Best Communication Skills for the Workplace

BY Tim Londergan
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Typically, the basics of social interaction are straightforward and simple to follow. For instance, most of us learned the best communication skills early in our education, or if we were fortunate, at the knee of a caretaker or family member. These initial skills may have included saying "please" and "thank you" and taking turns talking. However, it’s not uncommon to experience co-​workers who seem to have a lapse in their training or simply be out of step with proper social protocol.

As the working world resumes interpersonal contact and the virtual workplaces dissolve into in-​person interactions, it is important and necessary to review the best communication skills for workplace success.

The best communication skills are often unspoken

Mastering nonverbal communication helps you send wordless messages that influence others on a subliminal level. The editorial team at indeed​.com compiled a list of effective workplace interactions and among them is nonverbal communication.

  • Use positive body language – Everything from your clothing to your handshake should reflect confidence and certainty. Further, looking people in the eye and assuming an erect posture will command respect and present firmness.
  • Simple gestures – Palms open and a broad smile are the universal symbols of trust and friendliness. Similarly, nods of agreement show you understand while using your fingers for clarity can emphasize your critical points.
  • Tone of voice and facial expressions – Beyond words, your tone, volume and pitch can communicate enthusiasm, happiness, anger, hesitancy, or sadness.

As you increase person-​to-​person encounters, take note of your unspoken communication skills to put your best foot forward.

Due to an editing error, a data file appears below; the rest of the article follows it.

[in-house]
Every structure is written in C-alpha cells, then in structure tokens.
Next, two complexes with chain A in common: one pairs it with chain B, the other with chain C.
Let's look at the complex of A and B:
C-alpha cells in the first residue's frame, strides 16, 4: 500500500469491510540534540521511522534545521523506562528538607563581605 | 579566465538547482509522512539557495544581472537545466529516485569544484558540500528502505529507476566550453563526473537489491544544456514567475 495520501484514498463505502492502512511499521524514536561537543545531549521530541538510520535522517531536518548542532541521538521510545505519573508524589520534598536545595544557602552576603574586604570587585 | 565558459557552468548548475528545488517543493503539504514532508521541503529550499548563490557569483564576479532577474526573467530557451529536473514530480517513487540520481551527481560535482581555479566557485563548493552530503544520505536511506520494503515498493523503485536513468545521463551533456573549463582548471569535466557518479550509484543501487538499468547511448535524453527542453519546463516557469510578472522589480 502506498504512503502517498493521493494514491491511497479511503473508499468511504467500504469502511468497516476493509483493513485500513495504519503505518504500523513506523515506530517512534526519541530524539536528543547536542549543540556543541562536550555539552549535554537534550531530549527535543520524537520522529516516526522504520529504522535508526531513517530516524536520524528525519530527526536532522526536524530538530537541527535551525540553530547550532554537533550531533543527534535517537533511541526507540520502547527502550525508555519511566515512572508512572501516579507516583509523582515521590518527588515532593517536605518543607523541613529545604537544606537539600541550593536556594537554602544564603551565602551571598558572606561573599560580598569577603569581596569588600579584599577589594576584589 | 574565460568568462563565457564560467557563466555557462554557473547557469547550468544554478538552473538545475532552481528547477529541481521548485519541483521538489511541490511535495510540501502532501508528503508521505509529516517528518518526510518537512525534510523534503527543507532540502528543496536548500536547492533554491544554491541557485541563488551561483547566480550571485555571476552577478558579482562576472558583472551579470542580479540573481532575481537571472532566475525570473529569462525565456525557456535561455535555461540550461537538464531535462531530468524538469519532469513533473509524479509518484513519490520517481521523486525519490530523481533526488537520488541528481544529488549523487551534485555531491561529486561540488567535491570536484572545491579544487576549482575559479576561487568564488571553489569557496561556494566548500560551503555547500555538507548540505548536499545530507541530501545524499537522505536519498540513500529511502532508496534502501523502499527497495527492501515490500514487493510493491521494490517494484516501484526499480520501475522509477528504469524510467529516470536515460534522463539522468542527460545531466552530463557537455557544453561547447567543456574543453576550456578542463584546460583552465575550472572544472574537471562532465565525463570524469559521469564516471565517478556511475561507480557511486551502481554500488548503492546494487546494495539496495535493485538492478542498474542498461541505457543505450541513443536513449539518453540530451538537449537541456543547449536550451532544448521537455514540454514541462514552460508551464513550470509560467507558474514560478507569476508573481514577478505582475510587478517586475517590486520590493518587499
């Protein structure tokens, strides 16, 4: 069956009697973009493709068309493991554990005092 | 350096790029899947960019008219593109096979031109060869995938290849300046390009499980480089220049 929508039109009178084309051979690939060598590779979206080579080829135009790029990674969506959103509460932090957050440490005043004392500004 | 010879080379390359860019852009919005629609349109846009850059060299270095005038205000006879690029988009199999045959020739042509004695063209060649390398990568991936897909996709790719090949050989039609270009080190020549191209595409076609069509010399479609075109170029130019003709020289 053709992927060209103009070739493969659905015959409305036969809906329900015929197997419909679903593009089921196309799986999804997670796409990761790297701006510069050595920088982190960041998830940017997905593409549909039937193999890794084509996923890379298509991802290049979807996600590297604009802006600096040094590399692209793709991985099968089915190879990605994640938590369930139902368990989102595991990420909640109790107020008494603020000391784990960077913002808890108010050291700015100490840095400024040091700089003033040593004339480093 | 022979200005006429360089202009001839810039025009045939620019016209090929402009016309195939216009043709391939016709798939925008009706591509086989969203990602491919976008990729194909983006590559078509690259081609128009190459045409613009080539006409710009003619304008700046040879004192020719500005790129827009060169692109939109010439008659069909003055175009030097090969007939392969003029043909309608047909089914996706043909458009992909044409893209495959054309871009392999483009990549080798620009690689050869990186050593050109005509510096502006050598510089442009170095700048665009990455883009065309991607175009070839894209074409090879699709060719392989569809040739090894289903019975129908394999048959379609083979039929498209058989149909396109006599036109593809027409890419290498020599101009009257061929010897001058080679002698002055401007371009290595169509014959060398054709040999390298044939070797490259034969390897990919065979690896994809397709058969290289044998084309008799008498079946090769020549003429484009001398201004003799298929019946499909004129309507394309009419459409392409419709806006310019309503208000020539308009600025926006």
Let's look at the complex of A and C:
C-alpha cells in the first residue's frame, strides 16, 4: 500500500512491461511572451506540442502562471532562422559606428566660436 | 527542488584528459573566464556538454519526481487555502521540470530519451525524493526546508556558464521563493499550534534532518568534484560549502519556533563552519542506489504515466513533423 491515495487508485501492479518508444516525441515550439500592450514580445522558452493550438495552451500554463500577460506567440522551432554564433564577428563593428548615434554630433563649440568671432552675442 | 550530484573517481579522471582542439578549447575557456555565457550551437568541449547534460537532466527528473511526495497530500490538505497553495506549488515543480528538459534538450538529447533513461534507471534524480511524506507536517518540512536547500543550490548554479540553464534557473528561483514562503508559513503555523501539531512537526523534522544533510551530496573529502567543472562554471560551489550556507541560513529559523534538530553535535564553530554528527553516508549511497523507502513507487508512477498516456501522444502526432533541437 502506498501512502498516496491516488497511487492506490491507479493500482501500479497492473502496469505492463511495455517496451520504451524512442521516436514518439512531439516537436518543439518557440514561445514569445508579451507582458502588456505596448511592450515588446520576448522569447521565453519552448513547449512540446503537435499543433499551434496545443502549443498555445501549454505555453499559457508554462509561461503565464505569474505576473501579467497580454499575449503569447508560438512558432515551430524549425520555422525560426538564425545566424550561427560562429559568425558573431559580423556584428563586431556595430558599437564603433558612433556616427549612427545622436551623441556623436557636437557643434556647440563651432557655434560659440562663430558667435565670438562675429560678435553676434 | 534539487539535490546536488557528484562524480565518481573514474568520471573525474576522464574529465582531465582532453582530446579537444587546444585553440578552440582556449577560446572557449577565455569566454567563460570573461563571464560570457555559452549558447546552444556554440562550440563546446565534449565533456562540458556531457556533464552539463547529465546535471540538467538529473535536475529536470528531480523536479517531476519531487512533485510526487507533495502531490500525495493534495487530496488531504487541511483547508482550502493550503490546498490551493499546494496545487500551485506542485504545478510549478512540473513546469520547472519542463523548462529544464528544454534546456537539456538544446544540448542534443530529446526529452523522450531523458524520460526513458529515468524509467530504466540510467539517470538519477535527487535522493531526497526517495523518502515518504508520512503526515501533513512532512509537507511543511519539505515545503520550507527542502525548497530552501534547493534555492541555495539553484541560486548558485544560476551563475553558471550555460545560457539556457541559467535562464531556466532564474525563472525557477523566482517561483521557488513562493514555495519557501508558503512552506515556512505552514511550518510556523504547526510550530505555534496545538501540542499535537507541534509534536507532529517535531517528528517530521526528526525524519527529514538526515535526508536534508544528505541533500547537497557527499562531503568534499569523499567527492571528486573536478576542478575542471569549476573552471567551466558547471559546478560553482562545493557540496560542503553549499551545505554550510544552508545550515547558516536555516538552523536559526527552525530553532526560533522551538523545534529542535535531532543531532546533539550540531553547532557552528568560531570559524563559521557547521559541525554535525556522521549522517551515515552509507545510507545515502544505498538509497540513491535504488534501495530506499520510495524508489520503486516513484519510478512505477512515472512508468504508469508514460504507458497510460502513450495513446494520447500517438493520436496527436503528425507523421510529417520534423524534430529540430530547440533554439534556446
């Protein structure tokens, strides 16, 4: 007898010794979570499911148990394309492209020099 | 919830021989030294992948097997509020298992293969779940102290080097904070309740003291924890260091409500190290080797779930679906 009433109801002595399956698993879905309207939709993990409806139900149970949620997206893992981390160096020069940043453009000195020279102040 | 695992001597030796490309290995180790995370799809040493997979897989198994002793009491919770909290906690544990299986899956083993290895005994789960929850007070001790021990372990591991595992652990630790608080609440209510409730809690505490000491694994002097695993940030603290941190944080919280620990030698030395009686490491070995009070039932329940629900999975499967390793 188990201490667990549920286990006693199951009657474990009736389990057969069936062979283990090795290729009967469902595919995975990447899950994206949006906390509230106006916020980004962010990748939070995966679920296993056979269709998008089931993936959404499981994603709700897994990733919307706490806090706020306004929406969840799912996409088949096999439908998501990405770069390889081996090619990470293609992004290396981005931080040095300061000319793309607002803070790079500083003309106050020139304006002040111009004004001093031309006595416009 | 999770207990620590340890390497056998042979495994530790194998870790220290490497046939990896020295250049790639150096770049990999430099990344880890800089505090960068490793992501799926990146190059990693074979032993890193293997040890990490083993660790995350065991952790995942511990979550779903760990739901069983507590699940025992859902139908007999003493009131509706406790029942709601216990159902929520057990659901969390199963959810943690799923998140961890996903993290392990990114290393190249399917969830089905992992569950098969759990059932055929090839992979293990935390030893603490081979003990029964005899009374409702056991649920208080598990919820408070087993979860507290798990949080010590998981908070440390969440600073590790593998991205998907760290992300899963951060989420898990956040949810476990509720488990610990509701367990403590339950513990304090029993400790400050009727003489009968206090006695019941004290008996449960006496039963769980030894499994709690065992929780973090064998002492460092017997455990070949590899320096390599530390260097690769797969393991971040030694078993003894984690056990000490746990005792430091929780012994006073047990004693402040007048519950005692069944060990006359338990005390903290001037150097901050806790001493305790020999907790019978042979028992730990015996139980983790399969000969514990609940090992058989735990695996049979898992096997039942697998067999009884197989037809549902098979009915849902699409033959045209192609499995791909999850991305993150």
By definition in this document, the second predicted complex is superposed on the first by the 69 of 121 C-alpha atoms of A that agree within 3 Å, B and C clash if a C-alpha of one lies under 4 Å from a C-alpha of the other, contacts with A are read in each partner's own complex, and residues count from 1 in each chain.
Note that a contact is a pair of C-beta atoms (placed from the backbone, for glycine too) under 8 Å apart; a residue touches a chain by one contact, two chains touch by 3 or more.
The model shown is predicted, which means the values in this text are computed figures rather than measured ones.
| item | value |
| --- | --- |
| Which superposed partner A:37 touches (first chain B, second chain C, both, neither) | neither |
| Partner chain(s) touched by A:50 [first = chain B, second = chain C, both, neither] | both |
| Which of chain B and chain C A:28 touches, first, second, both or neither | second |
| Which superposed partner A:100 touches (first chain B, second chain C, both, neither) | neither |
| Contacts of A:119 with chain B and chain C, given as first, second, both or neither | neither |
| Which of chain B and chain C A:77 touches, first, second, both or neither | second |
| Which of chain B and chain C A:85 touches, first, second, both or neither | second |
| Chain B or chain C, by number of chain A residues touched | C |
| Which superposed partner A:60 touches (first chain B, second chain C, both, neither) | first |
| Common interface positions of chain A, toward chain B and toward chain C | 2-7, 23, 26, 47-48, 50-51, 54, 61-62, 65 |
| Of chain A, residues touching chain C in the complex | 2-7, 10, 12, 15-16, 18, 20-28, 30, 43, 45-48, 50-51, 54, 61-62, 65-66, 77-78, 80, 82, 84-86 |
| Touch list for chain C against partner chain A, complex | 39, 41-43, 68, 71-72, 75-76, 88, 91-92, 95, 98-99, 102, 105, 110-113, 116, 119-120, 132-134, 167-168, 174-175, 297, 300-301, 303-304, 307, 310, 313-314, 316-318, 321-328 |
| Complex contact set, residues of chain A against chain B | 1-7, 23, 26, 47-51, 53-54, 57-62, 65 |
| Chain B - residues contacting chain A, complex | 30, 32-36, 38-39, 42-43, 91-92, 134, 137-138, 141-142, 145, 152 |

Words and actions to avoid

Kathy and Ross Petras are sibling co-​authors of an article for cnbc​.com that addresses communication mistakes many of us make. Understandably, the timing is perfect. Civil behavior in the workplace is at a low ebb, according to The Harvard Business Review. Sadly, the cost is reflected in loss of customers, suppliers and employees. Increasingly, workplace bullying, unchecked rudeness, unqualified blaming, and barefaced discrimination infiltrate the American workplace. Clearly, it does not have to be, nor should it be, this way. To check your communication with co-​workers is a step toward being part of the solution. Similarly, there are certain actions, words and phrases that make others think more highly of you and improve your likability and productivity.

Check yourself for these communication mistakes

The Petras co-​authors list 13 communication mistakes that the most likeable people avoid. Below are some actions for your review. Perhaps you can identify those that may help regain your best communication skills. 

  • Not greeting people” – People like to be recognized and acknowledged; it breaks the ice and makes you appear warm and approachable. Additionally, pleasant, authentic greetings go a long way toward opening a dialogue for productive conversations.
  • Not inviting the other person to elaborate” or “Caring only about your own opinions” – These practices stifle communication. Moreover, they keep you from learning about others’ viewpoints and perceptions. Importantly, asking others their thoughts shows empathy and makes your audience feel more positive about you.
  • Not giving acknowledgement or compliments” or “Failing to express gratitude” – These are selfish behaviors that discourage others from seeking you out. Remember, compliments cost you nothing yet are highly valued by their recipient. Also, saying ‘thanks’ or validating others’ contributions make an impact far beyond the meager effort expended.

Additionally, the authors make clear the intrinsic value of inclusion and positivity that you can exhibit in your place of work. Importantly, taking time to develop your best communication skills will pay benefits with co-​workers, customers, suppliers, and in your personal life.

Photo by Brooke Cagle on Unsplash